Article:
What's Worth It
Tourism offers some of the best experiences out there. Through travel, you can see the world, learn about other cultures, and ultimately emerge as a better and more knowledgeable person. Yet it’s also true that tourism can affect the communities and environments that nurture it. Take beautiful hotspots like Hawaii. We’ve previously talked about how the spirit of aloha has helped create a naturally-healing getaway experience. This is where the double-edged nature of tourism comes into play: as visitor numbers climb, so does environmental degradation in the state. Zero-waste travel is touted as a solution to this issue. The problem is that travel is heavily dependent on convenience. Waste — like single-use plastic — is a product of that convenience. So is it possible to merge convenience with zero waste? Why is zero-waste travel so important in the first place?
The need for zero waste
Waste is a major contributor to climate change as it emits greenhouse gases as it decays. Despite this, countries around the globe continue churn out waste — and according to Statista’s 2022 report “Global Waste Generation,” the US is the biggest waste producer in the world. With waste production only predicted to increase, the demand for sustainability professionals is skyrocketing. Universities are helping fill this demand by providing comprehensive sustainability degrees designed and taught by international experts in sustainability. These degrees are equipping future generations of sustainability leaders when we need them the most — and they have experts who are actively searching for solutions as well as teaching the next generation. Zero waste is one solution these professional shave developed both as policymakers and designers. Many of their efforts have reached the realm of sustainable travel. Today, travel destinations and tourists alike can use them to further enable zero waste travel. We tackle this in depth below.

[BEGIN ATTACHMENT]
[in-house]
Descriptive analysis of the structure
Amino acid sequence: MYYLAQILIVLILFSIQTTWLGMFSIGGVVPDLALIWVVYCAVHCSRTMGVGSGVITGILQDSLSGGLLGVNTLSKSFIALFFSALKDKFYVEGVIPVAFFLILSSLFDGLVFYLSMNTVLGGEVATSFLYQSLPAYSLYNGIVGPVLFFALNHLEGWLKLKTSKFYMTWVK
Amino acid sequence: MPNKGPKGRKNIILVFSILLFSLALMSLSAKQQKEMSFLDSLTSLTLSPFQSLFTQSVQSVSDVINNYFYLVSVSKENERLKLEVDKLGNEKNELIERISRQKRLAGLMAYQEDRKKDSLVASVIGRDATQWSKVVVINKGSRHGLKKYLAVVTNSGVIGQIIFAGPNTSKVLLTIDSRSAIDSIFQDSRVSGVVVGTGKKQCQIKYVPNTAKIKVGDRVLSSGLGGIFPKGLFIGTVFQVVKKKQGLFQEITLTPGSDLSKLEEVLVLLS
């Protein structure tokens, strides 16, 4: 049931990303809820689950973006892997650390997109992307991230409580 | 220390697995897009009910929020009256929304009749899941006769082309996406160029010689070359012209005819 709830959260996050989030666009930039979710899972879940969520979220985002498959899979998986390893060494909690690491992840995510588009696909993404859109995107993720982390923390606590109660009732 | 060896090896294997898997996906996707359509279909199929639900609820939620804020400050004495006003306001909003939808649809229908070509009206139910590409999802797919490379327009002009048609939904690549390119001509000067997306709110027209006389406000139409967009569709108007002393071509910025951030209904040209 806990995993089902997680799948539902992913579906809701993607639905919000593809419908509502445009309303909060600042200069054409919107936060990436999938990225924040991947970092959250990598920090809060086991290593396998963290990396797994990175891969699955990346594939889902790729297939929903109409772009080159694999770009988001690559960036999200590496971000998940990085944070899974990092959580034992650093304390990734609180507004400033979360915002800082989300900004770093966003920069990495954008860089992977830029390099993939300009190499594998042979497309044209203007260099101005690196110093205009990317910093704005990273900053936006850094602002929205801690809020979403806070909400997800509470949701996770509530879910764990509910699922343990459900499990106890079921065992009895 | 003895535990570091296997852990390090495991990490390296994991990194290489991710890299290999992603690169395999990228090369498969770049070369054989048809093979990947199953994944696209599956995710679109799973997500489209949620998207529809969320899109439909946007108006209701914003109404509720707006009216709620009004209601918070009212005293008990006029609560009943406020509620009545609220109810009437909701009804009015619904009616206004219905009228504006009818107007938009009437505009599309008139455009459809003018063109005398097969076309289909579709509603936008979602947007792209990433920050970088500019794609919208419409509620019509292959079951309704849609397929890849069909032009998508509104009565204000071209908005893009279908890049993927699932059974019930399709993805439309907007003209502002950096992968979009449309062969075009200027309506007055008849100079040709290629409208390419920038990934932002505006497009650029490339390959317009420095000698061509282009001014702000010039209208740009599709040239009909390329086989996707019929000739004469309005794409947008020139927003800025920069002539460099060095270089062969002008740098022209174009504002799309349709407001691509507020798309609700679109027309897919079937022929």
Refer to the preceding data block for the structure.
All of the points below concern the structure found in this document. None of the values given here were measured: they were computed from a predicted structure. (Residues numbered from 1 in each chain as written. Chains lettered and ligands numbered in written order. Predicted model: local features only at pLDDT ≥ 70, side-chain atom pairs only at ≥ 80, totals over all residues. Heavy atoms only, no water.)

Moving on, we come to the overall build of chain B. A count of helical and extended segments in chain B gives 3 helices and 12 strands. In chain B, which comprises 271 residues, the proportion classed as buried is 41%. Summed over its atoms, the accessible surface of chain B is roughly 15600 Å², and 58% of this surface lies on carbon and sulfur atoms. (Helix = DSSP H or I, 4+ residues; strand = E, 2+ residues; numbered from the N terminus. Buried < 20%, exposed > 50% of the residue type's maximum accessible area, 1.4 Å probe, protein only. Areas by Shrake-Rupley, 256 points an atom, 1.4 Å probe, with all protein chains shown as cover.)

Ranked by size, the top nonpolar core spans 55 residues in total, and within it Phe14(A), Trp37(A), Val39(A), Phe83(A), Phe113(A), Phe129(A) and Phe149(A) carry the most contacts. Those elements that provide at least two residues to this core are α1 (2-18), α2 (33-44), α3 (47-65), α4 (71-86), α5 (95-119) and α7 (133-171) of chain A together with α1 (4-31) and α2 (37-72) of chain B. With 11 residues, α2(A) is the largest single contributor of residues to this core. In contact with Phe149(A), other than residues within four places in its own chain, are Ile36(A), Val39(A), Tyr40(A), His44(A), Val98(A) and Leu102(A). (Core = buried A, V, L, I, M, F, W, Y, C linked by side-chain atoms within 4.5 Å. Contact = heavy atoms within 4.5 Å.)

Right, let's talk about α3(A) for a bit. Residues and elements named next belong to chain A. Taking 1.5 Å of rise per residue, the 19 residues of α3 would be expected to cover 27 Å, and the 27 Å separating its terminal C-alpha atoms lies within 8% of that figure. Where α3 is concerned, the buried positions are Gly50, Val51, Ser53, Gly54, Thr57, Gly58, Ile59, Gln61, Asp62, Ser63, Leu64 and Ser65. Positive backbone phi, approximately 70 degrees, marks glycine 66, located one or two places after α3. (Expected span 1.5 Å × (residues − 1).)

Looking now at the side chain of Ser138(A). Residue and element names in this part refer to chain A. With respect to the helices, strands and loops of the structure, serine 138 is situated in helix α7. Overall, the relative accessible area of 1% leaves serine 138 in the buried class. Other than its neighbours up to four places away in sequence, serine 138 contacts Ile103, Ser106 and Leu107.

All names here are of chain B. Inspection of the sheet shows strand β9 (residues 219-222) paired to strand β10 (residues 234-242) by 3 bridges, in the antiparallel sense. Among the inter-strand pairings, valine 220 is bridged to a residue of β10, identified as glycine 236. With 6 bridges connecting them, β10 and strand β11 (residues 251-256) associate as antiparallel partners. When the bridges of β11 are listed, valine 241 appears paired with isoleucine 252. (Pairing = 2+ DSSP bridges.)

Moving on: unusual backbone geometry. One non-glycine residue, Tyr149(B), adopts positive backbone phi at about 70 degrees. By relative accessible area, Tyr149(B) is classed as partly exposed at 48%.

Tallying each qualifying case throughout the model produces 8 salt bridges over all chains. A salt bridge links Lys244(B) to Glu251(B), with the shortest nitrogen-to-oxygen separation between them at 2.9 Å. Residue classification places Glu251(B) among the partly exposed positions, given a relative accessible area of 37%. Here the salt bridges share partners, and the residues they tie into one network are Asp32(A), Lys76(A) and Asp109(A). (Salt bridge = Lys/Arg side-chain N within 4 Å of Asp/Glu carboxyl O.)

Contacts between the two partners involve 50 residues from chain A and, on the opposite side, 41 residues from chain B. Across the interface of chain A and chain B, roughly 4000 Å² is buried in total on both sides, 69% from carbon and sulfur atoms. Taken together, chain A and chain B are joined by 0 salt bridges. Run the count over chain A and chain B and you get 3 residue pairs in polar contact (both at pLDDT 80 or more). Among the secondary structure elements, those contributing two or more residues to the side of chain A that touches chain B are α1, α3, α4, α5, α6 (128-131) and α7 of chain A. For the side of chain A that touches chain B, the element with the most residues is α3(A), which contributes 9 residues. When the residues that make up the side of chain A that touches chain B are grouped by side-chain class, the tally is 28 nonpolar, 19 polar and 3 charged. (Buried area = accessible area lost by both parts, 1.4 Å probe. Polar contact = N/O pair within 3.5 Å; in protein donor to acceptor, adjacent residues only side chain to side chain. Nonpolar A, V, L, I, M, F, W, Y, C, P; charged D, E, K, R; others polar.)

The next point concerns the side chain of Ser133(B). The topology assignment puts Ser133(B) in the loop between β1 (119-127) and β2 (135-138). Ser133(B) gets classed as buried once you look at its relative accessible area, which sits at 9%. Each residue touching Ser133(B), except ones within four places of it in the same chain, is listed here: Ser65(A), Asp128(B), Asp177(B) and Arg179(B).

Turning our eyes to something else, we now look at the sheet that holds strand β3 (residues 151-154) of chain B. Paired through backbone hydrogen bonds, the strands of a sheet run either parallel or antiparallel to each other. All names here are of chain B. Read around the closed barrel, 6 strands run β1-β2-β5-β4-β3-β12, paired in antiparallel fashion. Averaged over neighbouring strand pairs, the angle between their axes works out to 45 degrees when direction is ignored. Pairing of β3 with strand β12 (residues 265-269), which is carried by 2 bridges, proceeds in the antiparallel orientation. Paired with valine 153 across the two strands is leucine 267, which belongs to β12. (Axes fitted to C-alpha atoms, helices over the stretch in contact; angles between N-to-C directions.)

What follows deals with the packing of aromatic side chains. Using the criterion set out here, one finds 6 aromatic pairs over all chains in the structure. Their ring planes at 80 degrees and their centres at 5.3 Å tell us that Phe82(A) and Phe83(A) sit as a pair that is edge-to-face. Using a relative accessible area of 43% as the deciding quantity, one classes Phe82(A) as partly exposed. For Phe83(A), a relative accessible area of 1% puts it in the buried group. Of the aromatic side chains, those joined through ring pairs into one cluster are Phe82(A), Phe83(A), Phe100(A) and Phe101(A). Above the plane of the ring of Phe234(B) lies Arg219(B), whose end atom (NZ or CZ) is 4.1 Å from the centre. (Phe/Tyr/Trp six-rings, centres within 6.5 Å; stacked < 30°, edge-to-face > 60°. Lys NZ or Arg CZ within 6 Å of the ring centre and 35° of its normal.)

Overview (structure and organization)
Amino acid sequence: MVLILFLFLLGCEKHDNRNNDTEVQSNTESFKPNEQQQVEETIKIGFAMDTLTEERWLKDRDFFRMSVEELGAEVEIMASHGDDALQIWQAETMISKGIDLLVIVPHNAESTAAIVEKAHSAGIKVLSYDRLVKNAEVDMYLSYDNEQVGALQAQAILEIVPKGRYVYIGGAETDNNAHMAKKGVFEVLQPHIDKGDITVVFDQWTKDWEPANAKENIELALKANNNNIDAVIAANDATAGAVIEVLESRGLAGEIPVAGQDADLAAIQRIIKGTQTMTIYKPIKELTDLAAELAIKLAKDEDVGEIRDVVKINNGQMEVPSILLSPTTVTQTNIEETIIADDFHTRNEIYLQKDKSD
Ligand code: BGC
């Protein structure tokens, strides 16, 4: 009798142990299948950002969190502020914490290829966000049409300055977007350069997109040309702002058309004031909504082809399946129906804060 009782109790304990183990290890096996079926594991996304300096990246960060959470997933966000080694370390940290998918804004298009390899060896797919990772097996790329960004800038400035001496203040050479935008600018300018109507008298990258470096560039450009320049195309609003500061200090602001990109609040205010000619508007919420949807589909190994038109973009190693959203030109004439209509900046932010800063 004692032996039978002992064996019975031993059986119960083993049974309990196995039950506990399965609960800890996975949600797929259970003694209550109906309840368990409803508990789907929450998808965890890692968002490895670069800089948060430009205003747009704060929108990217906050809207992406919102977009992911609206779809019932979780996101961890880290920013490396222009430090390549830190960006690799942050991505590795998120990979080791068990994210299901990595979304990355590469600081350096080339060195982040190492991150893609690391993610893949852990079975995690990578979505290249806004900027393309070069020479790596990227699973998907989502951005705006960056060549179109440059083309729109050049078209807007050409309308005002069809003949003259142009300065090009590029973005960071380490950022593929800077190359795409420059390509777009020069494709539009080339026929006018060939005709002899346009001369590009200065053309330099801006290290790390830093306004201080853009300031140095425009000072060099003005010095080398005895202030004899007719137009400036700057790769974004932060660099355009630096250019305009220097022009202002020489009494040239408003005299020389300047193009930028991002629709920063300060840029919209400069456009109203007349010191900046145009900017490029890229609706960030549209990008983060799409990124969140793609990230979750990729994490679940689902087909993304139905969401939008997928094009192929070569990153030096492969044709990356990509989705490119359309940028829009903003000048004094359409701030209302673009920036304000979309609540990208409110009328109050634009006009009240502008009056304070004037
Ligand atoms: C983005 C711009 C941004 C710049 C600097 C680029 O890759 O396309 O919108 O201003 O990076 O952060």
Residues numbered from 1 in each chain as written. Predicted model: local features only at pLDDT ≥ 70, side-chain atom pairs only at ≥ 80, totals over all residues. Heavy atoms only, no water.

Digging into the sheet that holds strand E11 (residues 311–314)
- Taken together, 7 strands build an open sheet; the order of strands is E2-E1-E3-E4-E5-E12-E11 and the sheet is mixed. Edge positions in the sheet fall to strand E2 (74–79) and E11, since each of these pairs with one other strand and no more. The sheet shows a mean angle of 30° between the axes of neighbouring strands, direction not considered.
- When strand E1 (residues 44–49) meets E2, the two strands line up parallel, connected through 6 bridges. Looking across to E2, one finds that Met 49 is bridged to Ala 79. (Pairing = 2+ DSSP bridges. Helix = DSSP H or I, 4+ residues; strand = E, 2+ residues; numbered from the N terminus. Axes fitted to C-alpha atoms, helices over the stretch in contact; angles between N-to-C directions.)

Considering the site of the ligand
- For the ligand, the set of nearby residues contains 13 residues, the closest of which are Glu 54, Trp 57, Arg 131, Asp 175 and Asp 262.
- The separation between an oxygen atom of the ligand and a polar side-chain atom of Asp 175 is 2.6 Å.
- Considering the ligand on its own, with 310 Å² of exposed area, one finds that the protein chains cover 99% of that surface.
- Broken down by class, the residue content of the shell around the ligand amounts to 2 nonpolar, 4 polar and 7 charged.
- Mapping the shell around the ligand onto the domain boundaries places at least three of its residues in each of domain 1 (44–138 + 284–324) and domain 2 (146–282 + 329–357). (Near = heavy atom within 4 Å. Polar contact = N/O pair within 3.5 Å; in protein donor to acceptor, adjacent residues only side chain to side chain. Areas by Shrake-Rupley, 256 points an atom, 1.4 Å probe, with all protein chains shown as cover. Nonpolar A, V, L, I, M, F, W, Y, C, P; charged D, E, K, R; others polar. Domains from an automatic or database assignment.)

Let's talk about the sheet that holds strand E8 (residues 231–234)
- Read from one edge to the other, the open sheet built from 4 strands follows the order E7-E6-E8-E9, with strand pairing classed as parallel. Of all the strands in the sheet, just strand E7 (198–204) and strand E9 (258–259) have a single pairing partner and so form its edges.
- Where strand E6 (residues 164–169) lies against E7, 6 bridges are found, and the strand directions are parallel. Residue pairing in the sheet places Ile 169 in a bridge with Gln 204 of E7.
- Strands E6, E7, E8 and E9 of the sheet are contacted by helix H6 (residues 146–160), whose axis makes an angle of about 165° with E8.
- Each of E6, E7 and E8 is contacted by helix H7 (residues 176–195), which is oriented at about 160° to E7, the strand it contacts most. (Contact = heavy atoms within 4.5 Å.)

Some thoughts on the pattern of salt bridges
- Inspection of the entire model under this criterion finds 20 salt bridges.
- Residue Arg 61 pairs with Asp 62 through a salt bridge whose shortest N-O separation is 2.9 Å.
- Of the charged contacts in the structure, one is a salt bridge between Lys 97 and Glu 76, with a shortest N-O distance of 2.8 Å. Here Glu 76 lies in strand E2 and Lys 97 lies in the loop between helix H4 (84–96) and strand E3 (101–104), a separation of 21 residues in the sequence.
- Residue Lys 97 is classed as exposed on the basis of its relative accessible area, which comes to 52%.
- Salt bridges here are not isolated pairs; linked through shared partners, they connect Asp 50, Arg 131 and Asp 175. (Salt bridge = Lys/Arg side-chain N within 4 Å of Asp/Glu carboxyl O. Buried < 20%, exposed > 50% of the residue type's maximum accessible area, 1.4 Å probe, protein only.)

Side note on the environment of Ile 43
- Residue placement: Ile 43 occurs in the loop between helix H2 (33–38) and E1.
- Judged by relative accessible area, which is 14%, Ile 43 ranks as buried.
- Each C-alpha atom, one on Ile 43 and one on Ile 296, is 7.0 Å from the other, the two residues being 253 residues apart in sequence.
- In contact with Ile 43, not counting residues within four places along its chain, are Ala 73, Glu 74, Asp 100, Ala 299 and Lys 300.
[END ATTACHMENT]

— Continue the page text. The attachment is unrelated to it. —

How travel destinations are promoting zero waste
The management behind tourist hotspots now tour zero-waste principles that both locals and tourists can follow to their advantage. Many locations now single-use plastics, but others have gone even further. Slovenia’s capital Ljubljana promotes itself as the world’s first zero-waste city. It recycles up to 70% of its waste, while recycling centers and door-to-door collections encourage others to do the same. Amsterdam is another city teeming with zero-waste activities. After helping the Plastic Whale organization fish for plastic in Amsterdam’s canals, you can head to the Albert Cuyp food market for organic eats. You can even rest at one of Amsterdam’s Conscious Hotels — part of a hotel chain that’s built with sustainable materials and operations. These are just a couple of examples of how destinations are making zero-waste travel possible. You can help out by filling in the other side of the equation.
How you can try zero-waste travel
Go paperless Download the digital versions of everything from boarding passes to guidebooks. Since you’ll probably dispose of them after your trip, opting for paperless is the better option. Make your own snacks Think fruit slices, homemade chips and granola bars, and sandwiches — foods that aren’t prepackaged and can be packed in reusable containers. Pack zero-waste toiletries Instead of using hotel supplies, try mini travel bottles that you can fill with essentials like soap, shampoo, and lotion. Women can consider menstrual cups instead of pads and tampons. Dine in It can be more sustainable and less of a hassle to dine in so you don’t need to lug packaged take outs around with you. If you really want takeout, consider bringing reusable containers, cutlery, and a thermos to pack it in. Support sustainable local businesses From hotels and restaurants to activity centers, opt for places that operate sustainably. Some examples are the aforementioned Conscious Hotels, New York’s package-free store Pre cycle, and Natural Habitat’s Safari America adventure in Yellowstone National Park. Now more than ever, it’s vital that we integrate a zero waste mindset into our daily lives — and this includes how we travel. Hopefully, this article proves that zero waste travel is possible.
Article contributed by Rose James
Exclusively for ALTOUR
Image credit: Pixabay